Closing the care divide with prenatal visit dental photos

Taking intraoral photos during prenatal visits along with a teledental visit may close the care gap for underserved pregnant women, according to research presented at the International Association for Dental, Oral, and Craniofacial Research (IADR) General Session & Exhibition. 

Also, training community healthcare workers to capture viable diagnostic images and use electronic medical and dental records may help establish a strong collaboration between prenatal and oral healthcare workers who serve underserved communities, according to an IADR press release about the research presented by Dr. Nisreen Al Jallad, of the Eastman Institute for Oral Health in Rochester, NY, at IADR in March in New Orleans.

Between April and September 2023, healthcare workers used intraoral cameras to take photos of the teeth of 150 pregnant women during routine prenatal visits. Then, the images were sent to a dentist. After the dentist assessed the images and discussed the findings during teledentistry visits, the women were triaged for in-person visits.

Screenings revealed that 72% of the women had serious dental issues, including broken teeth and severe gum bleeding with an average of more than two (±2.5) decayed teeth. Triaging the patients successfully led to treatment for extraction, pulpectomies, scaling and root planing, and restorations during their first office visits, according to the results.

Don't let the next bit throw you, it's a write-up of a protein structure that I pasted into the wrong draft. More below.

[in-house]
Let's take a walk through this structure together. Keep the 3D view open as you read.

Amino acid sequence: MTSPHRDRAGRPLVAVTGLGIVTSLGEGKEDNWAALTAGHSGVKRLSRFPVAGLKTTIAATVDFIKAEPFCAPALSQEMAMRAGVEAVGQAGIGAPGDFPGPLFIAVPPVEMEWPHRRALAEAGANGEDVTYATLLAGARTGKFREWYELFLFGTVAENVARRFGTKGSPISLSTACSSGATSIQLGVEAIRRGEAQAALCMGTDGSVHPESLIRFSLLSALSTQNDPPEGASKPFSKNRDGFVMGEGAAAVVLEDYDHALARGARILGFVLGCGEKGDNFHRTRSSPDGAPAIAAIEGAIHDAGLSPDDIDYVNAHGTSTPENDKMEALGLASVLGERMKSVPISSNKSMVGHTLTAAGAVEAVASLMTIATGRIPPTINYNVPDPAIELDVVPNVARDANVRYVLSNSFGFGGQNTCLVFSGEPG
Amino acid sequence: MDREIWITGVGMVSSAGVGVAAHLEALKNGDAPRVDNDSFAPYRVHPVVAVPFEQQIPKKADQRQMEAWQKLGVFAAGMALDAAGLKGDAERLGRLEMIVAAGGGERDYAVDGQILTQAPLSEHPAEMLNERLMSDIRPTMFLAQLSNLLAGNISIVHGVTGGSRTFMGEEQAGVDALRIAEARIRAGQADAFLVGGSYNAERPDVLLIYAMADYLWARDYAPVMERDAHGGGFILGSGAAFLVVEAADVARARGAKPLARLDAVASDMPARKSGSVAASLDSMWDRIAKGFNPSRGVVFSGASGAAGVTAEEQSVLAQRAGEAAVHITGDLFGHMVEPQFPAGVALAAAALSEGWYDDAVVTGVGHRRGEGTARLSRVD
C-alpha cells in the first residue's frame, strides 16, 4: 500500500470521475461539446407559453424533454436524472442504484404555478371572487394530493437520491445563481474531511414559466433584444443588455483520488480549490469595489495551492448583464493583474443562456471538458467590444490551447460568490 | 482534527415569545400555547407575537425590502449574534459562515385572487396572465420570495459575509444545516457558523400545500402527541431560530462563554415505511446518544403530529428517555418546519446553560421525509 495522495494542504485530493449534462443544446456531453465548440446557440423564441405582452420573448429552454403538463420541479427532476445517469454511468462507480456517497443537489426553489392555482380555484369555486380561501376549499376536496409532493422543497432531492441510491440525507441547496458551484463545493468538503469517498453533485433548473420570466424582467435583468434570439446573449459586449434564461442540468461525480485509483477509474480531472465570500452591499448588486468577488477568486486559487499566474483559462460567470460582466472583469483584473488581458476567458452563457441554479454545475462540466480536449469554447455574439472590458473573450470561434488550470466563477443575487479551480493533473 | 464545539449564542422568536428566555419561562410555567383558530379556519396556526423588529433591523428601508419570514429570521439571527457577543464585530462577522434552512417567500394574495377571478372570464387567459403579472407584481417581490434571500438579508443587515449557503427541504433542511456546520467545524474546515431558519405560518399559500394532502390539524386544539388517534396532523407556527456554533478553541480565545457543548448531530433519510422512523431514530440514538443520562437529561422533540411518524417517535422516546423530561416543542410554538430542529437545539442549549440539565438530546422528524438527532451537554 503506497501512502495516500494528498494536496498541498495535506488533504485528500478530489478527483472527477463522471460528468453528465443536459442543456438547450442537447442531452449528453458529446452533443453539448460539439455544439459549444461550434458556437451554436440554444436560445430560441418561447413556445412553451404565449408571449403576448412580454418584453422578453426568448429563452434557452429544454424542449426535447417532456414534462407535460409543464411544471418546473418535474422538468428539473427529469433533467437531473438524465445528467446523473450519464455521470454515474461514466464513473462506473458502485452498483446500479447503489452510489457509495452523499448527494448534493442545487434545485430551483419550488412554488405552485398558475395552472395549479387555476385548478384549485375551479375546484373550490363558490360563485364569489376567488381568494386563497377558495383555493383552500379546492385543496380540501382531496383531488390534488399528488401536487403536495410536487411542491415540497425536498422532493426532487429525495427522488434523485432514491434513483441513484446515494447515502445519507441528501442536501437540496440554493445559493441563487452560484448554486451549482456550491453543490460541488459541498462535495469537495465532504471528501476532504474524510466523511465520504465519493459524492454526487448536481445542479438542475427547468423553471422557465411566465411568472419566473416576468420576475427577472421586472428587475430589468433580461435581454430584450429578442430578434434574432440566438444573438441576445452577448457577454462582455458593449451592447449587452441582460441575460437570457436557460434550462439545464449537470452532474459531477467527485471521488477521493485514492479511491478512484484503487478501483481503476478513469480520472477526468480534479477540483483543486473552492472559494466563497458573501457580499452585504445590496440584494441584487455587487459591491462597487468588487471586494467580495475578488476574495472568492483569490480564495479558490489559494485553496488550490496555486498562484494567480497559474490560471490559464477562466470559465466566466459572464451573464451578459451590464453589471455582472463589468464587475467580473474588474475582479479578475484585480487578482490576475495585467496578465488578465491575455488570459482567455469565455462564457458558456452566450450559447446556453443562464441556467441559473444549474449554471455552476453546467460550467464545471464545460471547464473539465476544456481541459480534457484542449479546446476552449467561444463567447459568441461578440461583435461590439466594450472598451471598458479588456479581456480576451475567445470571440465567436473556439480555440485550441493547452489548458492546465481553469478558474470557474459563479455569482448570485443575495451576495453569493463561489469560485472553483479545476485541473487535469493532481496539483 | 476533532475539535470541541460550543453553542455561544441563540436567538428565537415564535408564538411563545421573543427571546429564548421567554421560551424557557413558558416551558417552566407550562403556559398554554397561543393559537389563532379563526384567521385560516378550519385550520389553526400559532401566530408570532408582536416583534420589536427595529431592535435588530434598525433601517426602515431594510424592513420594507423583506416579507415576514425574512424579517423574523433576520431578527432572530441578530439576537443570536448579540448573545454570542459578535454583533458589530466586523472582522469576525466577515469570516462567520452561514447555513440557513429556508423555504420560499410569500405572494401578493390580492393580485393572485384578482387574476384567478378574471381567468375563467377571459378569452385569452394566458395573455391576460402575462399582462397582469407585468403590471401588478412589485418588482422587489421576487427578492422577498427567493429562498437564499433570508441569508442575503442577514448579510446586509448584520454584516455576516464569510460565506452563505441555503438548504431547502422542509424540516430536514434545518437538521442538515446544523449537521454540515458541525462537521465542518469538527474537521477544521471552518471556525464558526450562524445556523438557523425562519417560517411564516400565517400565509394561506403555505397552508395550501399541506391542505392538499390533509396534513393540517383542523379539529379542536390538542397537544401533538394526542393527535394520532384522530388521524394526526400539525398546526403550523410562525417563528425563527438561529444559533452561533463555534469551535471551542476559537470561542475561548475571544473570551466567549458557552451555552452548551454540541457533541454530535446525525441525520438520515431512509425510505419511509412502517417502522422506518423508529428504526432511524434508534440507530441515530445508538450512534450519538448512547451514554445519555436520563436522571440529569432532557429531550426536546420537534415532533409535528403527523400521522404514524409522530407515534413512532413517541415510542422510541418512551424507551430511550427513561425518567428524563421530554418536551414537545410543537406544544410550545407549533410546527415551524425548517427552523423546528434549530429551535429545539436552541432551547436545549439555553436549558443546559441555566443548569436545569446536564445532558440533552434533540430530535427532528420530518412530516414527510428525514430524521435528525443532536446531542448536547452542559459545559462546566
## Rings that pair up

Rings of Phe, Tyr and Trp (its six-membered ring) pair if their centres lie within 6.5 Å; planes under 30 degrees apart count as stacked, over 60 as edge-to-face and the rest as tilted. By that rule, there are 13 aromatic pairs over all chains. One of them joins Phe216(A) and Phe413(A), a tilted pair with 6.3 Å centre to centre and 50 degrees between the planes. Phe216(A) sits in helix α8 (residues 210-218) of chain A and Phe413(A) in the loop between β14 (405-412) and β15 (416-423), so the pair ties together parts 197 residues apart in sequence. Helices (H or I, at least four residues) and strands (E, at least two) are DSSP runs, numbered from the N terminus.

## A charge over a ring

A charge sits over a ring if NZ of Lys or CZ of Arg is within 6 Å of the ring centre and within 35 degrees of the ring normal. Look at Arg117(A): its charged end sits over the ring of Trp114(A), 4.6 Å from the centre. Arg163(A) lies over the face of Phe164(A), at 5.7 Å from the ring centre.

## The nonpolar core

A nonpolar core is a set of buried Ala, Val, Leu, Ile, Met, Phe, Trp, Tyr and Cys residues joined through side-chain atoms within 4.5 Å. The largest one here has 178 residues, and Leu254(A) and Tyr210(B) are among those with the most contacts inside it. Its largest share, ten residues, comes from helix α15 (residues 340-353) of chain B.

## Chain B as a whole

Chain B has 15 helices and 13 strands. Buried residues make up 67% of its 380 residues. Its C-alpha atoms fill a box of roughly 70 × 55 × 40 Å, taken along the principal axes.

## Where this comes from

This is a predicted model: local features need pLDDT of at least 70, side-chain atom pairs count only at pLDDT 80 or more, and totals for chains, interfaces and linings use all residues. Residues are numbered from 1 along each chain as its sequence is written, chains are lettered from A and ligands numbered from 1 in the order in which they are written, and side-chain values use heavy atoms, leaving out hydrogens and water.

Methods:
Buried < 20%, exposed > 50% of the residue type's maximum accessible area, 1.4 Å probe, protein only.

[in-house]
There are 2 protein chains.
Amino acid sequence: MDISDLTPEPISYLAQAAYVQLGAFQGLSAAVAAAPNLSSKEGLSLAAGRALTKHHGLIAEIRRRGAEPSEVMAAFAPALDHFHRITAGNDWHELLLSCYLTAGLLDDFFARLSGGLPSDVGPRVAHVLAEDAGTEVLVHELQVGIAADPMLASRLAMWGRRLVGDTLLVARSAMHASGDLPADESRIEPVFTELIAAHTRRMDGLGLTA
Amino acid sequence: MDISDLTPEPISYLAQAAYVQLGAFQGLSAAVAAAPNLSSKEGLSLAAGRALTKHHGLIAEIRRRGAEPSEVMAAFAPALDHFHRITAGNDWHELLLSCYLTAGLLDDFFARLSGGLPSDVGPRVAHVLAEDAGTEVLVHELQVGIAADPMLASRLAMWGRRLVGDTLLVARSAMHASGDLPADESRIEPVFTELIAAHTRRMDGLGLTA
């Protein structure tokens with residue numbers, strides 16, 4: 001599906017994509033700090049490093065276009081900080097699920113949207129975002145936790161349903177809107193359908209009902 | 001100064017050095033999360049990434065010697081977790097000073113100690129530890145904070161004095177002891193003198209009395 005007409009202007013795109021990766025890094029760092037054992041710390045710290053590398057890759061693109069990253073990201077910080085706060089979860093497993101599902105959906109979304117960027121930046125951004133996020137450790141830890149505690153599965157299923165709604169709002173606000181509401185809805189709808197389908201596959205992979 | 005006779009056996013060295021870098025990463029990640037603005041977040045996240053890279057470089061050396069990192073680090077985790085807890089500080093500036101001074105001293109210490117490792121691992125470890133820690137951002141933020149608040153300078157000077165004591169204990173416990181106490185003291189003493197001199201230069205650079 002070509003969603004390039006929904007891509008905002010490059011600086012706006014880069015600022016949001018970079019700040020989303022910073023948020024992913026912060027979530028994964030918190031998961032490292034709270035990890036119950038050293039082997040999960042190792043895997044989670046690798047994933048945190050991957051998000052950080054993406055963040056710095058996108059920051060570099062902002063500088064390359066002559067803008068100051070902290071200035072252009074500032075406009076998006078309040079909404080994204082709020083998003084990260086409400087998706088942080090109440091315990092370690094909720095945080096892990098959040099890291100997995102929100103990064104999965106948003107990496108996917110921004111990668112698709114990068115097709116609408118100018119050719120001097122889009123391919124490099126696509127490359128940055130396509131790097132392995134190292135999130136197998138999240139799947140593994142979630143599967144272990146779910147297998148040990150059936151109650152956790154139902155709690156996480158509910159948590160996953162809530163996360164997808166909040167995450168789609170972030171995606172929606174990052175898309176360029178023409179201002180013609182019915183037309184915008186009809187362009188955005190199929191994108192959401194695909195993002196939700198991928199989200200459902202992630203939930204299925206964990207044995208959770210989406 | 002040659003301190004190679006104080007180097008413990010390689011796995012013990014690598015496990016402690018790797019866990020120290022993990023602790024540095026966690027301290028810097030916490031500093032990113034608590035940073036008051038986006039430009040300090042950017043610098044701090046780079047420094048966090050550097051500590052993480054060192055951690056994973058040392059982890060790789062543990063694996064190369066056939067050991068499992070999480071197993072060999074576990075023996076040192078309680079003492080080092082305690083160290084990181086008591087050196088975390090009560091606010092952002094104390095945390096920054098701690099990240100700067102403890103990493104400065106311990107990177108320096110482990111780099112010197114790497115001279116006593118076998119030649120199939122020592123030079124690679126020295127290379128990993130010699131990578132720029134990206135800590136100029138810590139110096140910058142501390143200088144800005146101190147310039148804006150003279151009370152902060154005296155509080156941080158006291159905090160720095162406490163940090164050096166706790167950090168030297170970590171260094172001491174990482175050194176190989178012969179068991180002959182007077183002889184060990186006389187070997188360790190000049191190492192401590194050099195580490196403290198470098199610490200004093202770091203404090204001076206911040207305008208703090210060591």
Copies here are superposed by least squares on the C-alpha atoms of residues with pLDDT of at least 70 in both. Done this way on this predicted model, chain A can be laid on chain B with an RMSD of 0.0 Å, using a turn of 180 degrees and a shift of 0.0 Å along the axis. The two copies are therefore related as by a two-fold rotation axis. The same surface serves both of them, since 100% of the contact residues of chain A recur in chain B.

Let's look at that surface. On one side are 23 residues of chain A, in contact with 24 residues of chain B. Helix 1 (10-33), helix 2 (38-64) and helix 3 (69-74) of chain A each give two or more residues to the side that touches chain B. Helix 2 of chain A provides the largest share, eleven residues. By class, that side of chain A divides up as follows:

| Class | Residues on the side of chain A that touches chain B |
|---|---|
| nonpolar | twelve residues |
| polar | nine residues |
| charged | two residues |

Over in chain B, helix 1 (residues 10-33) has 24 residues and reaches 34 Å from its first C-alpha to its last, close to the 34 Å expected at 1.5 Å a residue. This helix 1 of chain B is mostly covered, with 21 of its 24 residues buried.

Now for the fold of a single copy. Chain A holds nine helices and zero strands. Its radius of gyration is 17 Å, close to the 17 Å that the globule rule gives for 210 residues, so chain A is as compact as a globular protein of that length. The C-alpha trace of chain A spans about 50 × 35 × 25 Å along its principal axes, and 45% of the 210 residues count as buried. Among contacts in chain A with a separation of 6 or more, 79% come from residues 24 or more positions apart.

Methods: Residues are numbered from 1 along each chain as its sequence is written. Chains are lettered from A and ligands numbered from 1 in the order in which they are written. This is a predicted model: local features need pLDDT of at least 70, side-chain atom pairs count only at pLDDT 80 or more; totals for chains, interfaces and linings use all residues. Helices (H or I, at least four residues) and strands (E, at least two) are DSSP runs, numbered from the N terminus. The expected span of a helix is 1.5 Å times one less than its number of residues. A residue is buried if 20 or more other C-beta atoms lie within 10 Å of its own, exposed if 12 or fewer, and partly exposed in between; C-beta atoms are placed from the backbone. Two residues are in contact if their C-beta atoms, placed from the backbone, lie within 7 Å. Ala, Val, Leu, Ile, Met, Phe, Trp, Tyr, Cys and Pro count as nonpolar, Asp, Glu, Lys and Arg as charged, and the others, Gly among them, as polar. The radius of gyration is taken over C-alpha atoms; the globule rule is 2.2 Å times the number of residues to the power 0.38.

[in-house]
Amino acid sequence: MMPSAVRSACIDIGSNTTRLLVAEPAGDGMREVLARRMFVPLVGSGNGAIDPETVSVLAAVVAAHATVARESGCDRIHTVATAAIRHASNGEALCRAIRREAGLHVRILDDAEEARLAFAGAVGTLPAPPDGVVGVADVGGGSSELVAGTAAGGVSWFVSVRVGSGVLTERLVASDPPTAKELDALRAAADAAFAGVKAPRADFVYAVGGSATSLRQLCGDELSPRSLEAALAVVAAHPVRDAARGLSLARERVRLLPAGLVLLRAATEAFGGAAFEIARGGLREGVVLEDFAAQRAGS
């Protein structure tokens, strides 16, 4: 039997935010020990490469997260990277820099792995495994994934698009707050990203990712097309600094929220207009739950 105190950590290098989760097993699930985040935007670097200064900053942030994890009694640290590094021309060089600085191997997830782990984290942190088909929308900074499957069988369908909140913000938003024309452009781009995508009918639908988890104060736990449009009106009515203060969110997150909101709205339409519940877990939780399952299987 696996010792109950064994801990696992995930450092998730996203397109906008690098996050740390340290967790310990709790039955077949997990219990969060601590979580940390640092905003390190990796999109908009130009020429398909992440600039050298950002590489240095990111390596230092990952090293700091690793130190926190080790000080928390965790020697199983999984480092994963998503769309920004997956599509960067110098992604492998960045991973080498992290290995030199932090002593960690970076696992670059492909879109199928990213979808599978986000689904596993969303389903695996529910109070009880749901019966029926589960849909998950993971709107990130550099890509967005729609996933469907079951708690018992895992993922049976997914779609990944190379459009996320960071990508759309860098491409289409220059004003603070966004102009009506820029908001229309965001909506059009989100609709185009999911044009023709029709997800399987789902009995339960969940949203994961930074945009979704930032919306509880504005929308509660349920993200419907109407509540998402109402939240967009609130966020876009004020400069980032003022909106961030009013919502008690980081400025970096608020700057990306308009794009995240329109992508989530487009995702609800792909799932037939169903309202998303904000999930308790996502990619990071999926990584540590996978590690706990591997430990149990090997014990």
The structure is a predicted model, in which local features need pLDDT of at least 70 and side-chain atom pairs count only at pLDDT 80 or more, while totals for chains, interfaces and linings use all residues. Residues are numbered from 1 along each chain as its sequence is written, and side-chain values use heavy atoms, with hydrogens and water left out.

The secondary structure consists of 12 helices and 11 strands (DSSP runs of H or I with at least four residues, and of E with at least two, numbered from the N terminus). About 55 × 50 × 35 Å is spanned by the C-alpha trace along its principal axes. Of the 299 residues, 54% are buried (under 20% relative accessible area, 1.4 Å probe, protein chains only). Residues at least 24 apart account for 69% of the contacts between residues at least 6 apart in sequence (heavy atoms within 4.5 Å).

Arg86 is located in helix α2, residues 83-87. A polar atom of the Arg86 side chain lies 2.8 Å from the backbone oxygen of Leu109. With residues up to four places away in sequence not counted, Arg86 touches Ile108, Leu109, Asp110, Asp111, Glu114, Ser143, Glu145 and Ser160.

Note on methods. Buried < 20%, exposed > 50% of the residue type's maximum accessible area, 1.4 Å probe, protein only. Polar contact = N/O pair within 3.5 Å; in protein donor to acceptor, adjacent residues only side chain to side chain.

Additionally, dentists found healthcare workers were competent in capturing diagnostically useful photos, the researchers noted. Of the images taken, 73% of the total photos, 84% of the front-teeth photos, and 91% of occlusal arch photos were deemed diagnostically useful.

However, they experienced challenges in taking images of posterior teeth, with diagnostic rates of 80% for the buccal side of the premolars and molars and 73% for occlusal surfaces. Finally, diagnostic rates were 84% for buccal sides and 64% for occlusal surfaces, according to the release.

“Oral health screening outside of the dental office by CHWs (community health workers) holds promise for improving access and utilization of prenatal dental care among underserved population,” Al Jallad et al wrote. 

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